It was the sort of performance that forces anyone watching to take notice.
Allen Webster's introduction to the Red Sox' big league coaching staff was little short of spectacular on Monday against the Blue Jays. The right-hander recovered from an infield single and a one-out RBI double to strike out the next four Toronto hitters, a group that featured Jose Bautista, Edwin Encarnacion, J.P. Arencibia and Brett Lawrie in two innings. Webster, 23, touched 98 mph on the stadium scoreboard with a fastball that can sink like an anvil while also showing the whiffle ball changeup that is his best secondary pitch.
"He was impressive," Sox manager John Farrell told reporters. "Very impressive."
The outing underscored the intrigue that surrounds Webster as he navigates his first big league camp following his trade from the Dodgers to the Red Sox last August that served as a prelude to his addition to Boston's 40-man roster.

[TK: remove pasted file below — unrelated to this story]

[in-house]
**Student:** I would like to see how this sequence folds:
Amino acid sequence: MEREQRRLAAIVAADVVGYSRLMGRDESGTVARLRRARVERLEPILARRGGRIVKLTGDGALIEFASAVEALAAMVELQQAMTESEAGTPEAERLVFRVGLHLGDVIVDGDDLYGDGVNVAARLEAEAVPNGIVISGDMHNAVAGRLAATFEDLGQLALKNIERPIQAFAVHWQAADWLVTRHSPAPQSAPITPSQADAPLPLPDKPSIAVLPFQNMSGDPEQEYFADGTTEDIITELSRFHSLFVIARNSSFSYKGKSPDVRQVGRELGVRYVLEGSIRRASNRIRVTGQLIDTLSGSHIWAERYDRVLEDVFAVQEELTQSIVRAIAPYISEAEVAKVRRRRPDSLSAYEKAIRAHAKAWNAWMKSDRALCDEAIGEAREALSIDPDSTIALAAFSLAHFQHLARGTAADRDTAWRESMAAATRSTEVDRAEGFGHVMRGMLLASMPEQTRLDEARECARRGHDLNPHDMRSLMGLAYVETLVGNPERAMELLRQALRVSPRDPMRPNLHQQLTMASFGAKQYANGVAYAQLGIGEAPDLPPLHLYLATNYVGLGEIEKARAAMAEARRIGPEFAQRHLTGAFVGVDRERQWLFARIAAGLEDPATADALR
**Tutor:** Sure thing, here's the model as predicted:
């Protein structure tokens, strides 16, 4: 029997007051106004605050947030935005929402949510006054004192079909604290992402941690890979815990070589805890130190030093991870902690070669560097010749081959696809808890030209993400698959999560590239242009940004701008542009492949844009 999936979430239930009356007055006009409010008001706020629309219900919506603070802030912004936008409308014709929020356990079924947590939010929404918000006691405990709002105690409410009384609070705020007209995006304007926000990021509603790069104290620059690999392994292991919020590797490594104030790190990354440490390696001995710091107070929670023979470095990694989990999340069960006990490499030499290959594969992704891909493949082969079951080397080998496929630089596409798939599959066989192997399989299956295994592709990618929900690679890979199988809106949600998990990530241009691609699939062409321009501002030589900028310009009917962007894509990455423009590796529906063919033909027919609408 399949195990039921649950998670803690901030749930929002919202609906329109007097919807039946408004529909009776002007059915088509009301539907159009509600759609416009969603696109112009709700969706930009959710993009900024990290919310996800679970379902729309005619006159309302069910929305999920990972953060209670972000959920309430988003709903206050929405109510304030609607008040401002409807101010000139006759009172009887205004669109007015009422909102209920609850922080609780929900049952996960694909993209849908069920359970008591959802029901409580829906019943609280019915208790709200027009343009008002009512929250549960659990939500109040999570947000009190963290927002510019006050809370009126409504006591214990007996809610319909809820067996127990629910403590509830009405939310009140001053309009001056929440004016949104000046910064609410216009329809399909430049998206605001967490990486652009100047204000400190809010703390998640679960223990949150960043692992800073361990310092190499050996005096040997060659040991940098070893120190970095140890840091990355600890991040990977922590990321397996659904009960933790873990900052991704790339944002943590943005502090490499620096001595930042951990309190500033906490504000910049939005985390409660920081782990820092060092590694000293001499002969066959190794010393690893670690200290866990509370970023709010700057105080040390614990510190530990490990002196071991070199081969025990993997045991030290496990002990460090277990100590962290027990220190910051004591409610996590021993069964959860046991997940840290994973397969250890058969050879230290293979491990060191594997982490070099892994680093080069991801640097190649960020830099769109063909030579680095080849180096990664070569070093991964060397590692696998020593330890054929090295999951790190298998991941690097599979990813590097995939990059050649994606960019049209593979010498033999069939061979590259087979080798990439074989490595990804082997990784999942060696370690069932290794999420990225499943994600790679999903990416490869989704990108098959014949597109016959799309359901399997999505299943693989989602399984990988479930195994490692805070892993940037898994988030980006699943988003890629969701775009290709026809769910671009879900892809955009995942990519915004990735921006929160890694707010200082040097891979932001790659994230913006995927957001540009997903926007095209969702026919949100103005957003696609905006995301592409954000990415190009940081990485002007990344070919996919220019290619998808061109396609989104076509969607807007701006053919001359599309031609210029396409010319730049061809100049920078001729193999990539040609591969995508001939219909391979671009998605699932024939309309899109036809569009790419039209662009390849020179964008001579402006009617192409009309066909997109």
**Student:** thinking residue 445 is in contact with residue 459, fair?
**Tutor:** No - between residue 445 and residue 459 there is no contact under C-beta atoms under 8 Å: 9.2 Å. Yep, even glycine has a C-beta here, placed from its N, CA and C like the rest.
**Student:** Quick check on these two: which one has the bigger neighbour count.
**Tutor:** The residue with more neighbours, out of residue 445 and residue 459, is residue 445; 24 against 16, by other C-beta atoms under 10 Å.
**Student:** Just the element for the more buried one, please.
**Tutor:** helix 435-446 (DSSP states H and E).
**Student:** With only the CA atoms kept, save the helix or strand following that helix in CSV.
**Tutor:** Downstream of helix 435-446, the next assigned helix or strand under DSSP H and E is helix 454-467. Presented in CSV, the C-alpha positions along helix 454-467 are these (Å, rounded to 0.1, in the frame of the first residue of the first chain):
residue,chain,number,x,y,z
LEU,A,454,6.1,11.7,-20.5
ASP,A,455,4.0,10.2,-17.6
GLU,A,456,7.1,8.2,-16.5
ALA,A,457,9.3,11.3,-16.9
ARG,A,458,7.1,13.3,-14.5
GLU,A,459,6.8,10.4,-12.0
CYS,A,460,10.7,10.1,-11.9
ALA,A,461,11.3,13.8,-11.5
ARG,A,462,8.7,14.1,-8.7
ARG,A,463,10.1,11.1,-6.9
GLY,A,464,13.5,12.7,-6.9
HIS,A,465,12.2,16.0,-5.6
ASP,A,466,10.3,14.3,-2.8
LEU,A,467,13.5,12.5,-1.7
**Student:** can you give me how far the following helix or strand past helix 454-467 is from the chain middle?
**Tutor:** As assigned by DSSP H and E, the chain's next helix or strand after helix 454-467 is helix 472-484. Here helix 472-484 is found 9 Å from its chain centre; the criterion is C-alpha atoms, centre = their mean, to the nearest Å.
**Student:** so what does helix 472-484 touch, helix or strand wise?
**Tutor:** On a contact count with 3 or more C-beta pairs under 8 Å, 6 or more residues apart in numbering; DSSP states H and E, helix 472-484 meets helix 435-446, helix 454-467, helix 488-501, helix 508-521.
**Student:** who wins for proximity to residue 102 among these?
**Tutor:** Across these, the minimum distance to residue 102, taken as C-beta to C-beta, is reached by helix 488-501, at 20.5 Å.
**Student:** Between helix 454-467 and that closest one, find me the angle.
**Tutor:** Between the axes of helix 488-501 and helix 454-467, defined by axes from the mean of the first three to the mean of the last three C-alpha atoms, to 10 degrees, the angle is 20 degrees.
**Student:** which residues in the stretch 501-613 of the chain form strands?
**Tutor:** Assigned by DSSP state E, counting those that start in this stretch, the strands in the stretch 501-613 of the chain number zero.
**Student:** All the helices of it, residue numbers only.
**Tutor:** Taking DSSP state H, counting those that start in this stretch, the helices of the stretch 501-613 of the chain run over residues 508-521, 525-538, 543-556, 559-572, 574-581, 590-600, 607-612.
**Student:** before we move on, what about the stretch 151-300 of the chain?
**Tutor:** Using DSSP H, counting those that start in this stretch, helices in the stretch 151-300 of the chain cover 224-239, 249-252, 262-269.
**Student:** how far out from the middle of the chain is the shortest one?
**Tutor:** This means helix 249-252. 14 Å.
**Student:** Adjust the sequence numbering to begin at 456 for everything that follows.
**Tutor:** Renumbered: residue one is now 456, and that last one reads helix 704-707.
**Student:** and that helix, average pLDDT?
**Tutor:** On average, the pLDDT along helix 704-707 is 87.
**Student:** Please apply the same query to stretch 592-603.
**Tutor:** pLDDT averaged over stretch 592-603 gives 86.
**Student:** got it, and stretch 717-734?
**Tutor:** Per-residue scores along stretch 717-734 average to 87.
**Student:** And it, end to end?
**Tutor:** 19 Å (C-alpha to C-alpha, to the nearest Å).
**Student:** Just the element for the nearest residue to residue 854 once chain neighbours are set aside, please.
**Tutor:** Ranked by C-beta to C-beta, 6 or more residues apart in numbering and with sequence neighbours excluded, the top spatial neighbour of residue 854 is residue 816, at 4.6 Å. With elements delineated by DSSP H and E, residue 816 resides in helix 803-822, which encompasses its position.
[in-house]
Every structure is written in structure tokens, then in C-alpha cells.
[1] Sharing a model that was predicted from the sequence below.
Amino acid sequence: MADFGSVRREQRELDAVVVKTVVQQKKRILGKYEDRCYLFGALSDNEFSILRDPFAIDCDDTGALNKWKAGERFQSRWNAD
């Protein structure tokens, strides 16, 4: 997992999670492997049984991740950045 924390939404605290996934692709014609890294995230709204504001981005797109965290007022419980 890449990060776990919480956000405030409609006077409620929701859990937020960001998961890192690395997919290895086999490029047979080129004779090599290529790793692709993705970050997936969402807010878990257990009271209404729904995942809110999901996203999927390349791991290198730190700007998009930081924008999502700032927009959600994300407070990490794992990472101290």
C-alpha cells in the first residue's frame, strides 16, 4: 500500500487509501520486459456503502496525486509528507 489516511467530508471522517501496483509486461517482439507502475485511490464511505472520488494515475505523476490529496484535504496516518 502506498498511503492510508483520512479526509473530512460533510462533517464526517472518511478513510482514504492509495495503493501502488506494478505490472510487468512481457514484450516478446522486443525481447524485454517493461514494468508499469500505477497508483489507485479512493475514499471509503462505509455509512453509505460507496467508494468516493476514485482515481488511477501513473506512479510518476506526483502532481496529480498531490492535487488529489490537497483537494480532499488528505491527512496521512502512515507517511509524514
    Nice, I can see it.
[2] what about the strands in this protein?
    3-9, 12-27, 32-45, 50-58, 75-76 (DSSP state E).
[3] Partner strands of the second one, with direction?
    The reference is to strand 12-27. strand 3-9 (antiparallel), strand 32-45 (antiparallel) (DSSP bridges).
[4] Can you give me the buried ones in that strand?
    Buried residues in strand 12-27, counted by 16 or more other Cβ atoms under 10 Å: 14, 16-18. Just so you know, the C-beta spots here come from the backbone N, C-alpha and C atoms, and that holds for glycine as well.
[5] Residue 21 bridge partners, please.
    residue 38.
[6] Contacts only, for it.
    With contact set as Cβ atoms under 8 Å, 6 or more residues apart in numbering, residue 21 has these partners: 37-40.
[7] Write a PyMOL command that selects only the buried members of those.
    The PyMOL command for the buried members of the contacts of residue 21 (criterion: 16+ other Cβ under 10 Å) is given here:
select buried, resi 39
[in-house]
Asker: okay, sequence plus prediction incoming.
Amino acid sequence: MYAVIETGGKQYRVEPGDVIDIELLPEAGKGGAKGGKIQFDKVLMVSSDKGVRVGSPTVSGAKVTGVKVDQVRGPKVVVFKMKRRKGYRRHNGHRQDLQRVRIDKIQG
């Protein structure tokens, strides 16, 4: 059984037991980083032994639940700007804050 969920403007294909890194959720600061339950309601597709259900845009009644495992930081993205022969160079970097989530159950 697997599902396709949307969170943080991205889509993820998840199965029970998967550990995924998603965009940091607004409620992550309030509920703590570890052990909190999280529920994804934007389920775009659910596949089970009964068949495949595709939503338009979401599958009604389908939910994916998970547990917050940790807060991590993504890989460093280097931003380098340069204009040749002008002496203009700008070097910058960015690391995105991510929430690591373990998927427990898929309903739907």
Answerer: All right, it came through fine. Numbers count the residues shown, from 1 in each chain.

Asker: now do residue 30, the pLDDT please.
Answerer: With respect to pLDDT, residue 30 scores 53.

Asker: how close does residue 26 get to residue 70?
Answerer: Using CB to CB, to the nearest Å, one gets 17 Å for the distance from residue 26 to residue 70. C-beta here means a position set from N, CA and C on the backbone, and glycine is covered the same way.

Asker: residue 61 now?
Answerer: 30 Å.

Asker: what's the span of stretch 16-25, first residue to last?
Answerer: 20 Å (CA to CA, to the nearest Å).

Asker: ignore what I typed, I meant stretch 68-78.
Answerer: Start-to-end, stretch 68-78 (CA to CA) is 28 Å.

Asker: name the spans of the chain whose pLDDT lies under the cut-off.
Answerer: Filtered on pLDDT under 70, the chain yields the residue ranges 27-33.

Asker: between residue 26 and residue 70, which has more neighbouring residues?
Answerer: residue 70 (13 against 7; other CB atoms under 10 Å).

A considerable case can be made that he is the top pitching prospect in the Red Sox system. No one in the organization, save perhaps for Rubby De La Rosa, can match his ceiling, given the combination of a power sinker that hitters either swing and miss or smash into the ground, his outstanding changeup and two usable breaking balls (a curveball and, most notably, a slider that also can get swings and misses). While his fastball command -- a particular challenge given how much the pitch moves -- requires refinement if Webster is to enjoy a big league future, the potential of his arsenal likely exceeds that of anyone in the Sox system.